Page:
Every now and then I recommend a book not because I enjoyed it or agreed with it, but simply because it disturbed me so much that I have to tell somebody. Normally this happens when I read a book that I had great expectations for but turned out to be poorly written, and/or badly conceived. Then there are other times when I just completely disagree with the entire premise of a book. These are the times when I think to myself, “this book is so well written but soo WRONG!” I felt this way recently, when I read the first chapter and premise of Dr. Anthony Bradley’s new book Liberating Black Theology: The Bible and The Black Experience.
As one might surmise from the title, Dr. Bradley
(PhD Westminster Theological Seminary) is offering the newest critique of black theology. In the text Bradley calls the theological perspectives of Professor James Cone, Professor Cornel West, and Rev. Jeremiah Wright to task for promoting victimology, Marxism, and aberrant Christian doctrine. Not unlike critics before him, Bradley argues that black theology is dangerous because it abandons “biblical orthodox Christianity.”
In the near future, I plan to write a full review of this book for the Atlanta Liberal Christian Examiner, so I’ll spare you an in-depth analysis and just say in response to Dr. Bradley and his book, “WHATEVER SIR!”
I am rarely dismissive of any ideological viewpoint, but sometimes I’m left with no other choice but to go brain dead in disbelief. I mean, really. How many more times can scholars who categorize themselves as orthodox “bible believing” Christians write off the black theological enterprise and other progressive theological perspectives because it doesn’t measure up to their assessment of what “the bible says” and what they think Christianity encompasses.
And let me be clear, Bradley’s rejection and critique of black theology is not the issue. I am not a proponent of black theology per se and I am not bothered that Bradley isn’t either. My problem is Bradley, like Thabiti Anyabwile, refuses to acknowledge the extent to which Christianity is so culturally entangled and orientated that speaking of a pure heritage of Orthodoxy or biblical faith is nearly impossible. Moreover, certain scholars in classical and contemporary times have noted that actually there are “Christianties” not one pure brand of “Christianity.”
This is a fundamental point that is often missed in conservative theological critiques of progressive (liberal) Christian religion. And this is the fundamental flaw of Dr. Bradley’s argument against black theology. You can’t dismiss an expression of Christianity for being culturally derived and antithetical to the true practice of Christianity and not acknowledge that the true practice of Christianity (as you define it) is culturally derived as well. Maybe I’m wrong, but I don’t think so. The Editorial Reviews of the book are below, if you read it, tell me what you think.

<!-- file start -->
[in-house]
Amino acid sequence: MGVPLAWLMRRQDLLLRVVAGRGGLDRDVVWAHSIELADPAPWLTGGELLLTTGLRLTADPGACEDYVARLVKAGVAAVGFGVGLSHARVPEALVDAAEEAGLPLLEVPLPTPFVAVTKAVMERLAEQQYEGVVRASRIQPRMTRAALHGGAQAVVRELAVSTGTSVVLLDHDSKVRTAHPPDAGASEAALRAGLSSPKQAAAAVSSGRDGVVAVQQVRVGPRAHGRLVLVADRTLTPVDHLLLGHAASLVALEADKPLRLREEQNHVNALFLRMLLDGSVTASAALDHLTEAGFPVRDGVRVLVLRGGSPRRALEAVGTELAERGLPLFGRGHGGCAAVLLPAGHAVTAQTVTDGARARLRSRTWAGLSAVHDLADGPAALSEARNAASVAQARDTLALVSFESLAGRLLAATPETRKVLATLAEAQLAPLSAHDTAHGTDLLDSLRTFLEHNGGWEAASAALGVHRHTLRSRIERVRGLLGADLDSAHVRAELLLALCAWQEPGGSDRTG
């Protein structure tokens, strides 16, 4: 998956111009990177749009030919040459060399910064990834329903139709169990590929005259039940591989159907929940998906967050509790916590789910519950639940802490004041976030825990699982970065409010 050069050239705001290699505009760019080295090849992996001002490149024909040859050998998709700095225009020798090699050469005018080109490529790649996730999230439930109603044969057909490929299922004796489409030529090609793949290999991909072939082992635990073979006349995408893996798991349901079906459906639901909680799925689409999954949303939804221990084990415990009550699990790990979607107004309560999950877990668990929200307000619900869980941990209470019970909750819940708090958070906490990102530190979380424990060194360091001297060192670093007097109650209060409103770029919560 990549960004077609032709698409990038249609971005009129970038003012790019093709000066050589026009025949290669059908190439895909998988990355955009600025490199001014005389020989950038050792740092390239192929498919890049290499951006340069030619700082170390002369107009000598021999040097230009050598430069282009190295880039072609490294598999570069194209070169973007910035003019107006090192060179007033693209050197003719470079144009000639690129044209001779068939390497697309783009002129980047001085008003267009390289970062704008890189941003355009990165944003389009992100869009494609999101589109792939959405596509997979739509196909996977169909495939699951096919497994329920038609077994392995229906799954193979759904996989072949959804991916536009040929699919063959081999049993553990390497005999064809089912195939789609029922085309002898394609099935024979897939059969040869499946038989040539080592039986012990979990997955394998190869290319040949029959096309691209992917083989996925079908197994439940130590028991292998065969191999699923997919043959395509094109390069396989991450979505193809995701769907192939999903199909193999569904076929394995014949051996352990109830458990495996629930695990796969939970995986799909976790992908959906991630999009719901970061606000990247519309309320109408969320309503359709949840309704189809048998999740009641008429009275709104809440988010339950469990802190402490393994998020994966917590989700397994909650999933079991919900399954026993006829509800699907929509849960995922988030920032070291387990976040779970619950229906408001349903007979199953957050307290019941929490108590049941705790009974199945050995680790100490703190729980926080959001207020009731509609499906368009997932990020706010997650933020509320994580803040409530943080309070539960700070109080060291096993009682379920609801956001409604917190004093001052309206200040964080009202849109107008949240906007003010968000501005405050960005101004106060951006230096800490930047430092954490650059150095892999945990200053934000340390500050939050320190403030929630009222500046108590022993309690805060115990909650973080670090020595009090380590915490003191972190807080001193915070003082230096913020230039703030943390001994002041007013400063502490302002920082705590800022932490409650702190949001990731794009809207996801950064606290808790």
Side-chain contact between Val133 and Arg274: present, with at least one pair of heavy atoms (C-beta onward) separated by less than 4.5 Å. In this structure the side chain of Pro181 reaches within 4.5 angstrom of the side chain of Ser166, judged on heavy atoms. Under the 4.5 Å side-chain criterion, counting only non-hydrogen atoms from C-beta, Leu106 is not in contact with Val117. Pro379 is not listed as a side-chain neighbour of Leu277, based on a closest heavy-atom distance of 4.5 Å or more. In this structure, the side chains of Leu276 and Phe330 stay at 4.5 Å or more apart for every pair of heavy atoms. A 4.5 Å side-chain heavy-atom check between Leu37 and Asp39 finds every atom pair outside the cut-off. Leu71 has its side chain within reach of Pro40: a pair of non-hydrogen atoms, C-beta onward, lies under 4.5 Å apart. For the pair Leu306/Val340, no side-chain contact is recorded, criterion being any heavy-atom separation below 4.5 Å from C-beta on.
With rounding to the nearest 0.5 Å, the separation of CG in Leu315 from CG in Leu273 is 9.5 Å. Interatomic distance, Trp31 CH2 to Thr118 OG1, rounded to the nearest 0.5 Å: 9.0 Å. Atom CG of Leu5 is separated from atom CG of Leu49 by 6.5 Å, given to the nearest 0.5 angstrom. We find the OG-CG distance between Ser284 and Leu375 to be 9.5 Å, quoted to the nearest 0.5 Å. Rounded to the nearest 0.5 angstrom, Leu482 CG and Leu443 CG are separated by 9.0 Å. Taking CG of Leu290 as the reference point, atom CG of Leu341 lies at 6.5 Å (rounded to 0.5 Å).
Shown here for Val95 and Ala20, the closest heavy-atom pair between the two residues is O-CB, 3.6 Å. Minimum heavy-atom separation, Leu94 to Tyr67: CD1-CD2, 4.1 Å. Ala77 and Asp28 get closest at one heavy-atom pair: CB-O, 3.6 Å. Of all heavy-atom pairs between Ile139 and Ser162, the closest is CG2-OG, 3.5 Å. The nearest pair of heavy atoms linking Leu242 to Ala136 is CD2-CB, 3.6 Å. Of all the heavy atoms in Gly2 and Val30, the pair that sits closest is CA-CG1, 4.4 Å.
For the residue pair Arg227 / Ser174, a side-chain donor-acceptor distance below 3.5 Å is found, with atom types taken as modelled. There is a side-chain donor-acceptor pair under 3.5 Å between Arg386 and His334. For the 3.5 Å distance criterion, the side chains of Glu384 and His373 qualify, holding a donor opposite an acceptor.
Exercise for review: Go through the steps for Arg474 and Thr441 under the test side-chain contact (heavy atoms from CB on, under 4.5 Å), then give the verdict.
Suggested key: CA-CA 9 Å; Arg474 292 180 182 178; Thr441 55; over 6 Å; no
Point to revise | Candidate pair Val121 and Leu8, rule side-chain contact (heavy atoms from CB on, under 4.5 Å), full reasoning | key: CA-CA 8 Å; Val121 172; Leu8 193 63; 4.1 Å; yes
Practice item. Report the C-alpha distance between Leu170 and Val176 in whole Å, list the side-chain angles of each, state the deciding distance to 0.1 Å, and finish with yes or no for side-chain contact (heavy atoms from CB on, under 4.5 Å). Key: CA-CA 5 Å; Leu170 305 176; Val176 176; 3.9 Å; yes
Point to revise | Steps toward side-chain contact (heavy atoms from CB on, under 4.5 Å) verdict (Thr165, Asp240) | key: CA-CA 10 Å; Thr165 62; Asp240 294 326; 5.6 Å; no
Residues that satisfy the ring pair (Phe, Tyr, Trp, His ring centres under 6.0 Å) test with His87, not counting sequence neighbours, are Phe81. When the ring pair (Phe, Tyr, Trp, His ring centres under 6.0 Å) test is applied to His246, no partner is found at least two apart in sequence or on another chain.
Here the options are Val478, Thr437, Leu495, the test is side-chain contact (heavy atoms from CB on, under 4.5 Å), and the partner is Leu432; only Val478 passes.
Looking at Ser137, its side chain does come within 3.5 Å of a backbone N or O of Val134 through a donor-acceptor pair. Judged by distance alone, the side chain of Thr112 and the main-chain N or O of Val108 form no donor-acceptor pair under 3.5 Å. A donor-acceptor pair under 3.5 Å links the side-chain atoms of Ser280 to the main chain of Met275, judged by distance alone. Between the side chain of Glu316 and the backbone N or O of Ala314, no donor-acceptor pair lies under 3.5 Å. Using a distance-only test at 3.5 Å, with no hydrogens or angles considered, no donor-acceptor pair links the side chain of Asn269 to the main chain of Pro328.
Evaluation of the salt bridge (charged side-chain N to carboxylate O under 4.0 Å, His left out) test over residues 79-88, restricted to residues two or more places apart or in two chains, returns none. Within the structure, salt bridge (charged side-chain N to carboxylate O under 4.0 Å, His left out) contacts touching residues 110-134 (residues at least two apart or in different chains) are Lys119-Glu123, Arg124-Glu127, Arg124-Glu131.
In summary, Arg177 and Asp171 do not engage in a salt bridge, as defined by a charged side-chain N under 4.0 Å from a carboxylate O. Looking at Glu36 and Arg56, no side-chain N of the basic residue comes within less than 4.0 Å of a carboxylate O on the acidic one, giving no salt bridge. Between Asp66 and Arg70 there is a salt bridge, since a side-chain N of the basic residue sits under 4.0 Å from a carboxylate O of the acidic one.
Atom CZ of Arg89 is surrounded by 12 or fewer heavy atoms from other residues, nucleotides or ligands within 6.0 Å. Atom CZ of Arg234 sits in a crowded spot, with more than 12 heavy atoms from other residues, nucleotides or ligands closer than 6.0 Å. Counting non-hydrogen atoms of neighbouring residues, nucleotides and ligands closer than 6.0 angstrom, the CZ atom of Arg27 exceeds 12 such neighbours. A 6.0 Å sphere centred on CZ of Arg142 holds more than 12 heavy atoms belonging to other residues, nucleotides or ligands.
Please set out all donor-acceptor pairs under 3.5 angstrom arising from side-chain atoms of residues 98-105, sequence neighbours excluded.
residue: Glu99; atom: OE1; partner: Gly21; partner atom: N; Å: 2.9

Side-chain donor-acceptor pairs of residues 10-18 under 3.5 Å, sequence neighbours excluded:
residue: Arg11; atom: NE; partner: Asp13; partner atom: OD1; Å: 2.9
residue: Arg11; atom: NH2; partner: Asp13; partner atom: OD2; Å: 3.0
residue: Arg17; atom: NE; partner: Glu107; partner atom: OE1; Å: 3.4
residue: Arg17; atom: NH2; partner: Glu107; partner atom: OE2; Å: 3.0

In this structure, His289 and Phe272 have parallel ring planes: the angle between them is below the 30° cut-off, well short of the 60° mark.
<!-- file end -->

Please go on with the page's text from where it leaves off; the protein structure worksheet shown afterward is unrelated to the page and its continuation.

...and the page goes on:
Compassionately and Critically yours, Billy Michael Honor
"Anthony Bradley's analysis of black liberation theology is by far the best thing that I have read on the subject. Anthony's book is comprehensive and in-depth. He covers all of the bases, and thereby provides the reader with all of the information that he needs to understand the critical issues involved with black liberation theology. By covering such figures as James Cone, Cornell West, and Jeremiah Wright, we see all of the nuances involved with their approaches to the subject. His explanation of victimology, Marxism, and aberrant Christian doctrine make a noxious mix of ideas that would make any true Christian wary of anything even approaching black liberation theology. His keen insight into these ideas and his clarity of writing make this book a jewel. Anthony has done the Christian community a great service by writing this book. There was a significant need for a work of this type and its arrival is long overdue."
-Craig Vincent Mitchell, Assistant Professor of Christian Ethics, Southwestern Baptist Theological Seminary
"I have read a number of books which purport to explain, define, or critique black liberation theology, but Liberating Black Theology is the easiest to understand. This is because Dr. Bradley unapologetically maintains a biblical, orthodox perspective while being sympathetic to the issues and concerns of black liberation theologians. The book should be required reading for any seminary class on biblical interpretation and for seminary students and pastors interested in understanding the history and struggles of the black church in America."
-Wy Plummer, African American Ministries Coordinator, Mission to North America, Presbyterian Church in America